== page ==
Buying clothes made to last is a step towards a more sustainable wardrobe, but we also need to focus on extending the life of our clothes and giving them a second life. According to recent research made by the UK parliament, increasing a garments lifetime is one of the most effective means of reducing their environmental footprint. 

“Extending the life of a garment by just nine months of active wear decreases its carbon, waste and water footprints by 20-30% each,” says Layla Sargent, founder of The Seam, when asked why mending and repairing is an important part of a sustainable wardrobe. The Seam is a new service that allows people to easily book repair and alteration service, and aims to protect what is valuable to people, not only based on the cost of clothes, but the sentimental value that is created when the life of a garment is extended through alteration or repair.

The Seam does not only help you extend the life of your garments, but it also addresses the social need, to provide meaningful, flexible, and well-paid work to people across the UK with care and repair skills. One side of The Seam is the customers, on the other side is a vast network of vetted independent Makers – each of them specialising in everything from denim and tailoring to, leather experts and cobblers.

Image courtesy of The Seam

“Our ethos is about creating a world where the act of taking care of what’s already in our wardrobes is even more fulfilling than the act of consumption,” Sargent explains. “Our business isn’t just about repairing and altering wardrobes but about shifting our mindset to bring care into the experience of fashion.”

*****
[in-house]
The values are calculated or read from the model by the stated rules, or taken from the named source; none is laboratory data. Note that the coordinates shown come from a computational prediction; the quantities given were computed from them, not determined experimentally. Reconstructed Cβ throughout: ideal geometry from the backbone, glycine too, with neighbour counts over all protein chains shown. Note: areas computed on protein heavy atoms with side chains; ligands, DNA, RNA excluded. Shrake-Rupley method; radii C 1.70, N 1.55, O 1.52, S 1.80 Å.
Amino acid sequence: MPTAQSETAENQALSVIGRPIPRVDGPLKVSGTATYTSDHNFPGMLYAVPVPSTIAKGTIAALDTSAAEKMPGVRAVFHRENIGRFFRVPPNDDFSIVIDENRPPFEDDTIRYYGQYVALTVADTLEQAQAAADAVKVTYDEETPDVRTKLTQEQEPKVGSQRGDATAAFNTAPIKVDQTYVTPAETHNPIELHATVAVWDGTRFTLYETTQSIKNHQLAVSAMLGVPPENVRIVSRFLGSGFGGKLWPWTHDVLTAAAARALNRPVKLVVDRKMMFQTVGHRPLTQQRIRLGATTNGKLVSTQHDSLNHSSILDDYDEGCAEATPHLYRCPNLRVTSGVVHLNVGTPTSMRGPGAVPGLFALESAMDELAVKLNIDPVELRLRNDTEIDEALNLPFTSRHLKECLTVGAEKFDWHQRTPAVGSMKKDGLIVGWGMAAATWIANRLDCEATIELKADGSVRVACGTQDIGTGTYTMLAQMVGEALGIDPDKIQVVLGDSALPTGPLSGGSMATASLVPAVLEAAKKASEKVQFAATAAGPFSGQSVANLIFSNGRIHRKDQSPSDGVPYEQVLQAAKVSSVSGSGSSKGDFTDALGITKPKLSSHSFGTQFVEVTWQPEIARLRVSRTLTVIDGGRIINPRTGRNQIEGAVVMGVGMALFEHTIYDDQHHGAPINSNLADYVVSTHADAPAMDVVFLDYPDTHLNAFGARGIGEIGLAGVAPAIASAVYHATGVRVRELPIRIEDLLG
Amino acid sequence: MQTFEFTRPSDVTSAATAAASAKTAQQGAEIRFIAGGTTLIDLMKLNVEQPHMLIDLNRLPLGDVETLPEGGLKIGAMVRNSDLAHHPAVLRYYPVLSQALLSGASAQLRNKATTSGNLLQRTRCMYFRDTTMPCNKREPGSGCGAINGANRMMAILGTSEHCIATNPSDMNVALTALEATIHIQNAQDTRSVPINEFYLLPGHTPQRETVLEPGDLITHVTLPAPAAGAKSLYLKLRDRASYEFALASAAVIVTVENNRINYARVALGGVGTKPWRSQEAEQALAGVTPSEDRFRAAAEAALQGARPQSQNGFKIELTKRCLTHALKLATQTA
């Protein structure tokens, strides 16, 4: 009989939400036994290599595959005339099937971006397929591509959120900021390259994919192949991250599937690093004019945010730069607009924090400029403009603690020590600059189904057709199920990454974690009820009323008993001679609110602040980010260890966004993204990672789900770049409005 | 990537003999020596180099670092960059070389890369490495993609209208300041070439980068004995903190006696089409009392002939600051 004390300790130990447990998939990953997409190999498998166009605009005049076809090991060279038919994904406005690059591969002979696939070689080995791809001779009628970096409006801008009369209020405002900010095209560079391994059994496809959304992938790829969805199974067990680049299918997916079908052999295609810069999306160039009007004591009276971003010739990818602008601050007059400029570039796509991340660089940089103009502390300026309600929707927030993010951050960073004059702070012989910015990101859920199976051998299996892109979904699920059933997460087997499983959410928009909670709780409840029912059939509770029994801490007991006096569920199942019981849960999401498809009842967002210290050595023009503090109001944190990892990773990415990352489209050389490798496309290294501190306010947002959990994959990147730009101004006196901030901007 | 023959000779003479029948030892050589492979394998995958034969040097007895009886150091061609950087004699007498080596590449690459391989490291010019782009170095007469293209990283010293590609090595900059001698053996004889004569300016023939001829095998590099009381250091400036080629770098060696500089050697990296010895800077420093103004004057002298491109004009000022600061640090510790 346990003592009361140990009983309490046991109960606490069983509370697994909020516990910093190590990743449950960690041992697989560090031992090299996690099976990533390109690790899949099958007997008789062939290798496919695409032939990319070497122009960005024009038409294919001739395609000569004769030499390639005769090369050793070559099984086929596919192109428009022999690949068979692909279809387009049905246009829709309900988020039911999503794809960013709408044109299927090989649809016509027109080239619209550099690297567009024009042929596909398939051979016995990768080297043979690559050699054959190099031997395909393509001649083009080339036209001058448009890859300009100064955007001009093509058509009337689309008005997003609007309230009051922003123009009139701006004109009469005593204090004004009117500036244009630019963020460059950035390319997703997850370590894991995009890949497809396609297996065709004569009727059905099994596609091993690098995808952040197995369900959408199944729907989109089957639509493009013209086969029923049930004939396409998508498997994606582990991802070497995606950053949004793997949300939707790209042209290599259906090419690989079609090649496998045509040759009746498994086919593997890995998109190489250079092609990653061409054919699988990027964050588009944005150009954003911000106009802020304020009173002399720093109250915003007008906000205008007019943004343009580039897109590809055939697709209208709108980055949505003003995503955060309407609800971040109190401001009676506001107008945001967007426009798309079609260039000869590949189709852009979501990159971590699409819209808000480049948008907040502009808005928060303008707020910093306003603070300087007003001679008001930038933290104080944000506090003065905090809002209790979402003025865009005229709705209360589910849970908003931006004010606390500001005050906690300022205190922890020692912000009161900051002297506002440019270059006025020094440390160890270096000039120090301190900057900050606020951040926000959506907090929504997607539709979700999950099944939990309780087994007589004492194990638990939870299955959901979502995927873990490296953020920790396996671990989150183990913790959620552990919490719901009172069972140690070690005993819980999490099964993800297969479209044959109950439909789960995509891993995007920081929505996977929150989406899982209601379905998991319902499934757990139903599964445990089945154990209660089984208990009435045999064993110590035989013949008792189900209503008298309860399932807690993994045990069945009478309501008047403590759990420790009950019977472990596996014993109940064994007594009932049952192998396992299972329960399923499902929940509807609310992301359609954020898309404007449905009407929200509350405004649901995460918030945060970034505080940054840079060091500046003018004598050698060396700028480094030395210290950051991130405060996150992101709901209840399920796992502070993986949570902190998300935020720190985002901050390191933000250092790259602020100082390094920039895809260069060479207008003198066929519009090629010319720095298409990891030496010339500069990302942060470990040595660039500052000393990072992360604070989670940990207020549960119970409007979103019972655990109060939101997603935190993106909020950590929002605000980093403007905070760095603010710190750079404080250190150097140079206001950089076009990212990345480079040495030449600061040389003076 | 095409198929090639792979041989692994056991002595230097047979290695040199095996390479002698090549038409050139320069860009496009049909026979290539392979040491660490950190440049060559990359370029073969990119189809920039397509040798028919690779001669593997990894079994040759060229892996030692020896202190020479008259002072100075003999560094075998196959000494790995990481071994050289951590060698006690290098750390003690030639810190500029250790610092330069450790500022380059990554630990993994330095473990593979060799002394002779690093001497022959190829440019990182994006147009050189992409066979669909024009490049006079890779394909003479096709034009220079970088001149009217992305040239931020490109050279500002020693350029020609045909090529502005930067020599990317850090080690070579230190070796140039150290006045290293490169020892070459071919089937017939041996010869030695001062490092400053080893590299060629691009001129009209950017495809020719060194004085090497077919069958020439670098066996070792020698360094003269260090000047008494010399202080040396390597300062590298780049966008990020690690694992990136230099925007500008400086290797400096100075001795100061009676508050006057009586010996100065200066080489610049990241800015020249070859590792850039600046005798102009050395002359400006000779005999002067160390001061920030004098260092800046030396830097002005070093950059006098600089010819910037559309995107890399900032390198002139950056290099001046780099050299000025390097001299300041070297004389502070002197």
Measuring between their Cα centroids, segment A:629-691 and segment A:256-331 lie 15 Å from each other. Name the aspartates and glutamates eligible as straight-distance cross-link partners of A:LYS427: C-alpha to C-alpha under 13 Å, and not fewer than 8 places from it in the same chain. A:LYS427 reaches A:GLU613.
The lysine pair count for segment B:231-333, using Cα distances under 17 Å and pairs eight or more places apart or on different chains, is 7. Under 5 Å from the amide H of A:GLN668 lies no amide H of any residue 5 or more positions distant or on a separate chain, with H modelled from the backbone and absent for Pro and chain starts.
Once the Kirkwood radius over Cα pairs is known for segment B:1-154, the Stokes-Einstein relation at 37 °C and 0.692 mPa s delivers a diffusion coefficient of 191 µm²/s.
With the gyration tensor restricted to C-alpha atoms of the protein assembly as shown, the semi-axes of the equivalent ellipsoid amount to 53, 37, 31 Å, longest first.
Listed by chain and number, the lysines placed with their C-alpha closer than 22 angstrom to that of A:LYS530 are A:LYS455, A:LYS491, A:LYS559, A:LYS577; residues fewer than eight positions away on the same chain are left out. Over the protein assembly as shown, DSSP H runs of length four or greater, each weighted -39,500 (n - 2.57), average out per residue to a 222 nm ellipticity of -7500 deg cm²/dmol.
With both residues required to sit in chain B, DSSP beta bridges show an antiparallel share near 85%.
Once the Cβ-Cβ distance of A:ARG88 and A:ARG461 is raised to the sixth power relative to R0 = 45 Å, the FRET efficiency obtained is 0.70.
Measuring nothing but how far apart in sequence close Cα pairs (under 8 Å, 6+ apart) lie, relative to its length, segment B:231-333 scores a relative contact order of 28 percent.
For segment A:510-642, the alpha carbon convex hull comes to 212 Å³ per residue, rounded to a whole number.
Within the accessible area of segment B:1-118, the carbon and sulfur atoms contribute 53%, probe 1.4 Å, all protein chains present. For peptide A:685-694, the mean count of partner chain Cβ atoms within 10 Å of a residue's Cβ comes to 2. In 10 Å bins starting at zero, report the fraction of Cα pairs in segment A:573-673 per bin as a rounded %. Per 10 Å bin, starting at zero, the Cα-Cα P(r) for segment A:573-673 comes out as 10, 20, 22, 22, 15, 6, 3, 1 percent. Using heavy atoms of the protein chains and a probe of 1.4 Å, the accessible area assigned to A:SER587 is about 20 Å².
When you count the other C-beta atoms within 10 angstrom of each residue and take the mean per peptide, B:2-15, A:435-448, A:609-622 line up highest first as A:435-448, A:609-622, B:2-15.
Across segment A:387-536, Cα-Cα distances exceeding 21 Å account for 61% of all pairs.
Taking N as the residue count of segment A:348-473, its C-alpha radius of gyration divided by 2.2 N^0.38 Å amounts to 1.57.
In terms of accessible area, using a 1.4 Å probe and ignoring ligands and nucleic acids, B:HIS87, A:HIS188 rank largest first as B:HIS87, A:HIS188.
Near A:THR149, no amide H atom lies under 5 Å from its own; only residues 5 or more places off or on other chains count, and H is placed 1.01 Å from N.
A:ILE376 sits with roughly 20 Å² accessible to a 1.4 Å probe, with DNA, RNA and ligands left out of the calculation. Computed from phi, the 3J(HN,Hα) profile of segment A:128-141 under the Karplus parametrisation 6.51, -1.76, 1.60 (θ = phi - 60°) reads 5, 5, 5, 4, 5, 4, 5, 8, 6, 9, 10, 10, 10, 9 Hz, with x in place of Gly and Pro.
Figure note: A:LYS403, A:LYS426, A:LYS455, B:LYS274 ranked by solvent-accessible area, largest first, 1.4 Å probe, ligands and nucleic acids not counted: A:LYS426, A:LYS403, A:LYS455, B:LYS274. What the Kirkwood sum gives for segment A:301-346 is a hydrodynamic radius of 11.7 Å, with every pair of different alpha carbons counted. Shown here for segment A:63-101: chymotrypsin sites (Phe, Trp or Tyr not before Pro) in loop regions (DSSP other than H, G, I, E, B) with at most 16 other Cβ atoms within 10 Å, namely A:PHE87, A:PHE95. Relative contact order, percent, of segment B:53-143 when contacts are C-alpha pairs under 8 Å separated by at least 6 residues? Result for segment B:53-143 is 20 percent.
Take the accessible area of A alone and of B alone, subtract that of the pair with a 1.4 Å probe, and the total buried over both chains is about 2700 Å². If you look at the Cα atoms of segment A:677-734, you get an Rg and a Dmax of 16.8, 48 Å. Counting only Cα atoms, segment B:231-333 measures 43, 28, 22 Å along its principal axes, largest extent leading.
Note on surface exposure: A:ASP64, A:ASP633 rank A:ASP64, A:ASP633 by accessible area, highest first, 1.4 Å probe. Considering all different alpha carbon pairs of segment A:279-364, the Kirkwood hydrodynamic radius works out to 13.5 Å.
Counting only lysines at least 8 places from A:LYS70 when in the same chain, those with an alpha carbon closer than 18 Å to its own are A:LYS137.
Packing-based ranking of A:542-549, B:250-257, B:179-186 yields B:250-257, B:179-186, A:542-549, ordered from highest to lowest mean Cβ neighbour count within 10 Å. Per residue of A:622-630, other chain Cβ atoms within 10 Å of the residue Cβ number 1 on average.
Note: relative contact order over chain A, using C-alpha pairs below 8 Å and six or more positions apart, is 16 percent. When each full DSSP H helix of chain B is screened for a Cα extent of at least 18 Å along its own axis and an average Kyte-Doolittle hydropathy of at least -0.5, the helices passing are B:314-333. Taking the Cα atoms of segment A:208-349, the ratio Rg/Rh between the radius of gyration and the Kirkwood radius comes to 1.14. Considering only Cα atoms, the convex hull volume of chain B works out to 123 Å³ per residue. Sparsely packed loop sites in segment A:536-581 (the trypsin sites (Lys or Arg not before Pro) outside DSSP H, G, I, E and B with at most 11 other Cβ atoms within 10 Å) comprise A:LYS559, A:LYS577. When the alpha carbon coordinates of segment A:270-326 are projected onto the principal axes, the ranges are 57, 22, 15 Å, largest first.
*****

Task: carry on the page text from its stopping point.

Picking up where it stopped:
Having your clothes tailored to fit you is The Seam’s biggest tip, “once clothes fit you well, you are more likely to wash them carefully, hang them properly, repair them when they are damaged and wear them more,” Sargent says.

The UK parliaments recent report on textile waste and collection argue that carbon emissions and demand for water can be reduced through developing clothing maintenance skills, enhancing an appreciation of material qualities, and a ‘habit of mind’ that prefers existing items to new ones which then acts to slow cycles and volumes of consumption.

Buying sustainable and pre-loved is good, but if we as consumers do not take care of our clothes, we are still contributing to waste. Knowing how to properly care for your clothes will extend their lifetime, and by cutting consumption of new clothes, you reduce your contribution to fashion’s carbon footprint and worldwide waste in landfills. 

Earthday is the largest recruiter to the environmental movement, working with 50,000 partners in over 192 countries. Since its conception in 1970, Earthday is on a mission to build a movement where we all work together for a more sustainable future.

Earthday’s best tips for caring for your clothes

  • Think before you wash. Each wash shortens the life of a garment. Instead air them out and use a garment refresher spray.
  • Look at the care label. When you do need to wash a garment, knowing how to wash it will make sure the material will keep its properties better.
  • Use good detergents. By using laundry detergents without harmful chemicals, you will reduce the toxins in the water and in turn reduce your carbon footprint.
  • To minimize washing, spot treat any smaller stains.
  • Avoid ironing. Instead hang them in the bathroom before a shower to steam them.